the evil, and he did it in so advantageous a manner that the Church can now call the sin of Adam a necessary sin, and his fault a very fortunate fault. In chapter xiv., regarding the birth of Isaac, we are told that the holy Fathers admire the virtues that break forth in this story, the great charity of Abraham in receiving Iris guests, and the great modesty of Sarah. "Very far," says St. Ambrose, "from imitating the persons of her sex, who seek only to show themselves in public under the pretext of exercising works of charity, she, on the contrary, remained always shut up in her tent, without even appearing before the angels whom her husband received. Thus she taught Christian women," says the same Father, "that their life ought to be continually passed in the secrecy of their house and the care of their family." These extracts are from the book lettered on the outside The Holy Bible. The little sacred history of primary schools is also by a churchman, illustrated by sixty drawings; is approved by Pius IX., by one cardinal, several archbishops, etc.; its use authorized in the public schools by the minister of public instruction. Sixteenth edition, Paris, 1875. Sacred history, the author tells us, is, like the Bible, divided into two parts,-"Sacred history is the word of God."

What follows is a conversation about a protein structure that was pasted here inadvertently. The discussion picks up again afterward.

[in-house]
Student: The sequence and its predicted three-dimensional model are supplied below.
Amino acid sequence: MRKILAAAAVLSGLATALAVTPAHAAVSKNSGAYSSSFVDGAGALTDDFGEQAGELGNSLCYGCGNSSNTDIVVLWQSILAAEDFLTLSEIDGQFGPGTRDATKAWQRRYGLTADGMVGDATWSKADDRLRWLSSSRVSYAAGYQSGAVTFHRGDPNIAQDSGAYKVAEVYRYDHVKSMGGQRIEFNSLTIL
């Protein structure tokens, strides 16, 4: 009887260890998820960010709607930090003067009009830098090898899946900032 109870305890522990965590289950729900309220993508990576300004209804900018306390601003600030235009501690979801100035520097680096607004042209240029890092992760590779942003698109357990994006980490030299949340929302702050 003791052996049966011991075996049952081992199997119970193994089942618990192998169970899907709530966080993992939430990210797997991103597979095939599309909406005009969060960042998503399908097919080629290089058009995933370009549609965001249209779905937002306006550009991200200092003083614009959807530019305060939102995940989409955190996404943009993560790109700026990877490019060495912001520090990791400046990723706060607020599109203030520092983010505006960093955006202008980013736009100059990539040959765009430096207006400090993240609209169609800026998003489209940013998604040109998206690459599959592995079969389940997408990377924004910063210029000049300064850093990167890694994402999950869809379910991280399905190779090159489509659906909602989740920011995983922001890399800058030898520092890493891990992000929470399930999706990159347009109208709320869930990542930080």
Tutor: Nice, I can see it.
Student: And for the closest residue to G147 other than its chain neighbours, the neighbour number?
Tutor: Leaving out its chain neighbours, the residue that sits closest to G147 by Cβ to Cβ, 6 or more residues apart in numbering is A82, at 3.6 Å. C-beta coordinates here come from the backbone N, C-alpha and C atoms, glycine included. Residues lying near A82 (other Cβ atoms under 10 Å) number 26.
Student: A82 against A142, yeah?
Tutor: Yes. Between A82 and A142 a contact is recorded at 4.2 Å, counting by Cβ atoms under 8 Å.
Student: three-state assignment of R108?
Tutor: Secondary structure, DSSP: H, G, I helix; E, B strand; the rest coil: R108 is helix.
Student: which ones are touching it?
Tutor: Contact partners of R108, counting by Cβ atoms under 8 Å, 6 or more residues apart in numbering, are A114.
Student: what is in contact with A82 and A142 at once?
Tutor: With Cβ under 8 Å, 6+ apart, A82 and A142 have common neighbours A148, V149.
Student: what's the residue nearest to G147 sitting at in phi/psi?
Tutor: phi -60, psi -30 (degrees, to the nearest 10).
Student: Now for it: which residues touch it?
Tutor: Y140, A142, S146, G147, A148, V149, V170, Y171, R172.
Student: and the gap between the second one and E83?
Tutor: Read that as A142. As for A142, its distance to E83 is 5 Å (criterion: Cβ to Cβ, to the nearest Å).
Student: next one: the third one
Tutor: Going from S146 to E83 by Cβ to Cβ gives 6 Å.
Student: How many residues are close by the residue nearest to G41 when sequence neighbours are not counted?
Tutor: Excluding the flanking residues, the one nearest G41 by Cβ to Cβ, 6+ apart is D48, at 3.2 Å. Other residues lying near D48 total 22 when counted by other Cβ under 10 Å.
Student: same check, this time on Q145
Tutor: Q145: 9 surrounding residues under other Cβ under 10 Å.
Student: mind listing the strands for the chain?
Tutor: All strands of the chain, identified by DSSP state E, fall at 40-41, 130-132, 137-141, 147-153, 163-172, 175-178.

Of the school-books in use in the girls' school, I see a little French history adapted to the youngest pupils, also by a churchman,—a doctor of theology. Twenty-second edition, Paris, 1875. In speaking of Henry IV. (the Protestant), the author says that he was heir to the throne, "but the people then had too ardent a faith to obey a heretical king."

The teacher of the boys' school is so kind also as to show me a couple of their books. One is a very small sacred